'Rosie' Poker Game -- Both Sides Lower Their Stakes

22 December 2003

The damages sought by both parties in the Rosie O'Donnell versus Gruner + Jahr USA Publishing court case have been substantially lowered by both sides. This unexpected parsimony follows a heavy hint by Supreme Court Judge Ira Gammerman that neither side "is going to recover anything other than nominal damages" [WAMN: 14-Nov-03].

"Nothing", opined the judge last month, "would indicate to me I should find anybody would have made money" from Rosie magazine, a joint venture between G+J and O'Donnell which folded in December 2002 after little more than a year of struggle.

O'Donnell, American TV queen, agony aunt and media maven, had a women's magazine -- a moribund American icon known as McCall’s -- rebranded in her image by G+J in May 2001. But last year she quit the title [WAMN: 20-Sep-02], thereby triggering its closure and a flurry of lawsuits culminating in the current case.

Having effectively terminated the public hearing of the case, Gammerman is now digesting the "findings of fact" -- filings which summarize the key points of each side's case.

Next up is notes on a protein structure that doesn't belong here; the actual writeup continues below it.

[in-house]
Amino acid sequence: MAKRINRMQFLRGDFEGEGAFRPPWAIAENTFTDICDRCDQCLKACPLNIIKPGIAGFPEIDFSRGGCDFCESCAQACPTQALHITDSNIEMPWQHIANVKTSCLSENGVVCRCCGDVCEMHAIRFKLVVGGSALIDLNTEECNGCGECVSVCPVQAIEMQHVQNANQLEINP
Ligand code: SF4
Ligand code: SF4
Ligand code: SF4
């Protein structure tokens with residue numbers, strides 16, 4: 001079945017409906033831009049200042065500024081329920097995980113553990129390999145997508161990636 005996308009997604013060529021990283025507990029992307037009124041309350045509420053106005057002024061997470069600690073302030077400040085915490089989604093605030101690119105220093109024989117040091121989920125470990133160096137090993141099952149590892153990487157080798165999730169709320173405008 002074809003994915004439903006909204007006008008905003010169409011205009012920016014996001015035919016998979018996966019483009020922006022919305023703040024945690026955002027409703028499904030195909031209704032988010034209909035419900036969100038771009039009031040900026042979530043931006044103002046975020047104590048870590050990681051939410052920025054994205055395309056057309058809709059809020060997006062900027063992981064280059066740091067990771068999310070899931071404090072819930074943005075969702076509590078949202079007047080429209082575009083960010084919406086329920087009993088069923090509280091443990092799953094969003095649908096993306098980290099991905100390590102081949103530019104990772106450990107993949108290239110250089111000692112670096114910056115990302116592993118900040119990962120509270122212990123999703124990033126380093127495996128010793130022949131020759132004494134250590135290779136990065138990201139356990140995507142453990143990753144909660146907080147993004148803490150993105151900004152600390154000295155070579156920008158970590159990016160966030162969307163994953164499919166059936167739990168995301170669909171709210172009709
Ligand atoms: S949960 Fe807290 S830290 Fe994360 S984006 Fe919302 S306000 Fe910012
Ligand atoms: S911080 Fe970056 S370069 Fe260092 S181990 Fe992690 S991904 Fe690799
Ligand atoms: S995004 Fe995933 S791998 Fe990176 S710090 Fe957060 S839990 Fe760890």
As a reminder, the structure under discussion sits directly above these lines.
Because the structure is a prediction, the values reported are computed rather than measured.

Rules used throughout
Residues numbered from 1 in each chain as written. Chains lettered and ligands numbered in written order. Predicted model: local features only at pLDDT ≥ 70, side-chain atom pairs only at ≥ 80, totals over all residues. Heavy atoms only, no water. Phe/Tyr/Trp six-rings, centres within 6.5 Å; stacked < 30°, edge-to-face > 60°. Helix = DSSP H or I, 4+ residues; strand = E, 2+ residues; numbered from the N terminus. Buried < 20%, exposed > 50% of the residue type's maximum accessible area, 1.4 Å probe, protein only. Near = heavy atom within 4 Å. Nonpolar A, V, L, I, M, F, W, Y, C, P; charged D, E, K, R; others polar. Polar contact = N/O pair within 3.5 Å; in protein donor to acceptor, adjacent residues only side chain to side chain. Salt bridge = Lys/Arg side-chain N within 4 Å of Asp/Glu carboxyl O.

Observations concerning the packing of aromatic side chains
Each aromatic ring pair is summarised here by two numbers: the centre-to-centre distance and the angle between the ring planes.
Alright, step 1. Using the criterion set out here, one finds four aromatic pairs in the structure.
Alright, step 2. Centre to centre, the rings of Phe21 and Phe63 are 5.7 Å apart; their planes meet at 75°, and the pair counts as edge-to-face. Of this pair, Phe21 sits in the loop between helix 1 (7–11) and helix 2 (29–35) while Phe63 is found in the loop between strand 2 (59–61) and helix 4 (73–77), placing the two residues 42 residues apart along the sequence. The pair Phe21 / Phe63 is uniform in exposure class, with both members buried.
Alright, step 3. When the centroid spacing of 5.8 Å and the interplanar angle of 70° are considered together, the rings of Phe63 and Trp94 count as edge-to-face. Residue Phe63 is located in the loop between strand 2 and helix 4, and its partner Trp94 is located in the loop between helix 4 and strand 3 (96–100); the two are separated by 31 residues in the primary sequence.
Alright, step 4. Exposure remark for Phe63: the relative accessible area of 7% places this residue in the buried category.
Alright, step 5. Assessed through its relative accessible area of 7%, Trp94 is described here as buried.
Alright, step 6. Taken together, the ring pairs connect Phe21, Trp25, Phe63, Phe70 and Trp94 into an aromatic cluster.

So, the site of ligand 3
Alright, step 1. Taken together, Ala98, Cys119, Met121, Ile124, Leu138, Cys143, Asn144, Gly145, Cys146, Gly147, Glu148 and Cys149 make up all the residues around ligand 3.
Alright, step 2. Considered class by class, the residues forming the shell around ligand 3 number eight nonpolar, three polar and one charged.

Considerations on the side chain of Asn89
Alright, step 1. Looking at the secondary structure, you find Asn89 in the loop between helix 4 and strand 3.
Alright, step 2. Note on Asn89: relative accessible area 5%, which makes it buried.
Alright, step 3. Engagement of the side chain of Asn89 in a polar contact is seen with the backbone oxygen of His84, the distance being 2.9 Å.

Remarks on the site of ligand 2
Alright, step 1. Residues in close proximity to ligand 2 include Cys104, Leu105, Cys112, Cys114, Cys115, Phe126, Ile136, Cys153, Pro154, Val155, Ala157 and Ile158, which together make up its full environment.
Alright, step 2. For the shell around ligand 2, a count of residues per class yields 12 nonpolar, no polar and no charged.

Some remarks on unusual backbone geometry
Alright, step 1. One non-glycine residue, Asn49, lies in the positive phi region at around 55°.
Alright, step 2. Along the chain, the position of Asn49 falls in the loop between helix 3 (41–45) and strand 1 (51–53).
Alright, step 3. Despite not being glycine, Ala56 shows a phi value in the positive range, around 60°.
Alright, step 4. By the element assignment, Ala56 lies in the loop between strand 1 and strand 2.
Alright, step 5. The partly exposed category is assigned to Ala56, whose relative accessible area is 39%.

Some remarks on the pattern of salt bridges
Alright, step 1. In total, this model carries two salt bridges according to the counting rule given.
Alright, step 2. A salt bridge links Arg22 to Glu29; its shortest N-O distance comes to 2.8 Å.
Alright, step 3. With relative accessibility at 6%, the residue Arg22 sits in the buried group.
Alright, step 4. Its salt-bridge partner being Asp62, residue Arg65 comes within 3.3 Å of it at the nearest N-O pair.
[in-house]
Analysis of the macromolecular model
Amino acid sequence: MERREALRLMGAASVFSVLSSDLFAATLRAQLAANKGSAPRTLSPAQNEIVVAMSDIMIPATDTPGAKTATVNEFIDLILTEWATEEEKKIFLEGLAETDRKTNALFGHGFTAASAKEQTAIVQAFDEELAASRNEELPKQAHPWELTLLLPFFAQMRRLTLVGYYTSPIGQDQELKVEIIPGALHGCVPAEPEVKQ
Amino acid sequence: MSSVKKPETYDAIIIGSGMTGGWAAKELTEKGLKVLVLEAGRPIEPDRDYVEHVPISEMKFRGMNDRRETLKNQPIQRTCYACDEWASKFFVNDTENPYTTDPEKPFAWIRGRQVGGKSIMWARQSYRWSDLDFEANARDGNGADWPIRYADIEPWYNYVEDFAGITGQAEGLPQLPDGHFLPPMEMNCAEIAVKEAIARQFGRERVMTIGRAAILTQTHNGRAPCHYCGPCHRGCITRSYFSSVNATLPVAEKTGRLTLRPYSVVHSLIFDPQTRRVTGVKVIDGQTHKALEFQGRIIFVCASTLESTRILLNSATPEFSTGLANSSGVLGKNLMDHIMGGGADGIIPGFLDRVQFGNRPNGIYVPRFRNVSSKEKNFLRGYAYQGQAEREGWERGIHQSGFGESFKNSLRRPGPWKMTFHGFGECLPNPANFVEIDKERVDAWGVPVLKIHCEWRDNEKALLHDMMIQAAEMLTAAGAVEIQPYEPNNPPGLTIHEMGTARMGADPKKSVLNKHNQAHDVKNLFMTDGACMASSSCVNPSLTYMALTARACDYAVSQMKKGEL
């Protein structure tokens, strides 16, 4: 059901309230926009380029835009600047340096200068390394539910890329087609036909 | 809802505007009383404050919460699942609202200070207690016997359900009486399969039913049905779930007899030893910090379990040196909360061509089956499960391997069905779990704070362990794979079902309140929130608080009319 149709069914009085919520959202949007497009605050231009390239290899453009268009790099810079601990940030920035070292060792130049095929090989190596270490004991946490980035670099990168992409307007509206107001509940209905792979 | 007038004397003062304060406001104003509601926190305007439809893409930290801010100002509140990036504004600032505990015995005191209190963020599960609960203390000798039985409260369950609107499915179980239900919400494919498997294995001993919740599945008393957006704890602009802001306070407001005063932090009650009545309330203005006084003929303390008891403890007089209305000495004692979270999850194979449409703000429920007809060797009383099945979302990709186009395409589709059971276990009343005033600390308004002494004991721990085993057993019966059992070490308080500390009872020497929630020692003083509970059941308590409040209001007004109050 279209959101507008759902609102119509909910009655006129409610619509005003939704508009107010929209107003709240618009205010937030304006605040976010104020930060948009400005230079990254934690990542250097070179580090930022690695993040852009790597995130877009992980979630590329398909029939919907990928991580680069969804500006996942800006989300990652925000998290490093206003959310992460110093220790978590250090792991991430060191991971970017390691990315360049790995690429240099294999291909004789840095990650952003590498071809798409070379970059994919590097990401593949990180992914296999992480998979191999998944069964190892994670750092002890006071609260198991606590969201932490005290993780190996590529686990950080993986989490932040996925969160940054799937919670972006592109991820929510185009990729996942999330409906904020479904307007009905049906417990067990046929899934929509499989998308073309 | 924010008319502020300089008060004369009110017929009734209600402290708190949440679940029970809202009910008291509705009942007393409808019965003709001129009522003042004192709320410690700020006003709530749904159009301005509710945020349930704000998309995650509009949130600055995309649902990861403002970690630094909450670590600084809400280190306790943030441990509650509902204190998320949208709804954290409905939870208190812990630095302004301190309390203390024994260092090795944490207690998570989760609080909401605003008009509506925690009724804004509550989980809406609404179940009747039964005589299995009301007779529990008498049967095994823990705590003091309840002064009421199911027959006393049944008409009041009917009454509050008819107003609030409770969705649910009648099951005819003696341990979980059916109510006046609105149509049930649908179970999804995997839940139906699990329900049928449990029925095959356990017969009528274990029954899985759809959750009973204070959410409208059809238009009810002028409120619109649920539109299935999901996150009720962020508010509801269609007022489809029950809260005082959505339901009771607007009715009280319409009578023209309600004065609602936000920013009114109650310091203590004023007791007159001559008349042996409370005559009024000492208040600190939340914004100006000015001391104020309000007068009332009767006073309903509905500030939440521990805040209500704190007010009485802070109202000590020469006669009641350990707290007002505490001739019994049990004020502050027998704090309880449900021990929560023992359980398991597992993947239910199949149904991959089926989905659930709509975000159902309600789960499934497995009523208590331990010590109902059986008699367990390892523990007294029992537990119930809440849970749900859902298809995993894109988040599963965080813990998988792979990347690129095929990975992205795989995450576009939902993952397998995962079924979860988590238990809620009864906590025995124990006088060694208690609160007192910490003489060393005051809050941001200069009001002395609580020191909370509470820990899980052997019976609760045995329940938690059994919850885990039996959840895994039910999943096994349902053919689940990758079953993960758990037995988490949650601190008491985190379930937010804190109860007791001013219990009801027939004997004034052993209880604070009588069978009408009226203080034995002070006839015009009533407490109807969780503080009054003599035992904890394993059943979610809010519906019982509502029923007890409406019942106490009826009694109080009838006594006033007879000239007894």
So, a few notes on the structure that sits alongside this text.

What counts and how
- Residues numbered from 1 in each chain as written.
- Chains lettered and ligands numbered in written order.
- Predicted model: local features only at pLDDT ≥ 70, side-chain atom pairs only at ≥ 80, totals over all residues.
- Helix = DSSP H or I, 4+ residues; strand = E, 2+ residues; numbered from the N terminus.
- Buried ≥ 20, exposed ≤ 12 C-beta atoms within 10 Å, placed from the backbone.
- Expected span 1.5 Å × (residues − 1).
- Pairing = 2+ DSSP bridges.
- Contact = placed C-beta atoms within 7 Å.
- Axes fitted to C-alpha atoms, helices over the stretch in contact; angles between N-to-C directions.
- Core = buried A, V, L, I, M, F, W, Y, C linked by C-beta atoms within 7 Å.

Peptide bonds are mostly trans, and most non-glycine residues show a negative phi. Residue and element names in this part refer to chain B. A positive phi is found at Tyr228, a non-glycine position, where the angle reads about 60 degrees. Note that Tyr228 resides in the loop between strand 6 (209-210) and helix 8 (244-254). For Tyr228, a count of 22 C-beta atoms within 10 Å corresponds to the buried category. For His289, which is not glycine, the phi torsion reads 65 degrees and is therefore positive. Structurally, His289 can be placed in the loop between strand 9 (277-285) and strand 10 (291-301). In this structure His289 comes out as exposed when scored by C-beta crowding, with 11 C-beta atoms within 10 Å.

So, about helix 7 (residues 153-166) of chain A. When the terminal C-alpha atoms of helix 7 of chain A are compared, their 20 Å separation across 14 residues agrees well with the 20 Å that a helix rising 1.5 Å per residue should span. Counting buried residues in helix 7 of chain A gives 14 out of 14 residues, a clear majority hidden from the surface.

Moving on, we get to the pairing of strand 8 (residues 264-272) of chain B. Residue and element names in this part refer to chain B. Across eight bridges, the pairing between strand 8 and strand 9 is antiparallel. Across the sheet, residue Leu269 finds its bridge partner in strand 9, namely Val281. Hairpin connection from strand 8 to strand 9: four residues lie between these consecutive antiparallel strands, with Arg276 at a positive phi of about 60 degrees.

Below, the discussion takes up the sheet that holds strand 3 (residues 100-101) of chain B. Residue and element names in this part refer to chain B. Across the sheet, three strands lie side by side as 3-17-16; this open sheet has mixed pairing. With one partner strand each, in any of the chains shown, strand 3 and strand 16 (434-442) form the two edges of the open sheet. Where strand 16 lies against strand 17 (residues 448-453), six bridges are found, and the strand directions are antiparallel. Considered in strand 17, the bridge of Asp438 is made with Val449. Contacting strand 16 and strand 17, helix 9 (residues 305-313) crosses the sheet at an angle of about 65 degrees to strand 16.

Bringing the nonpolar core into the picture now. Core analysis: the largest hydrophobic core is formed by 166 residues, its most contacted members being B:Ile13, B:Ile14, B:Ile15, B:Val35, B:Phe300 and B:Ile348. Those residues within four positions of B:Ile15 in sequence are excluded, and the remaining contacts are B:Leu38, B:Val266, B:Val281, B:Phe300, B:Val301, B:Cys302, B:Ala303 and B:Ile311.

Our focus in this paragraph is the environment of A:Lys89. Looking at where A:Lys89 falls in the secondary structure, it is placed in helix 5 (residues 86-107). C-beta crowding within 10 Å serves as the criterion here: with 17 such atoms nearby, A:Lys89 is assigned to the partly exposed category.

The combatants originally sued each other for over $100 million (€80.78m; £56.68m). But the latest filings significantly reduce the damages sought. G+J now demands $27.2m plus interest and attorneys' fees, and some $2 million in costs related to the magazine's closure. O'Donnell has deflated her damages claim to $26.8m.

The dry language of the filings was, according to Ad Age, occasionally colorized by references to O'Donnell "losing one's temper"; and her lawyers' contention that "G+J's showing that O'Donnell became angry and used vulgar language on occasion does not amount to a proof of breach of contract."

It is still unknown when Judge Gammerman will deliver his verdict.

Data sourced from: AdAge.com; additional content by WARC staff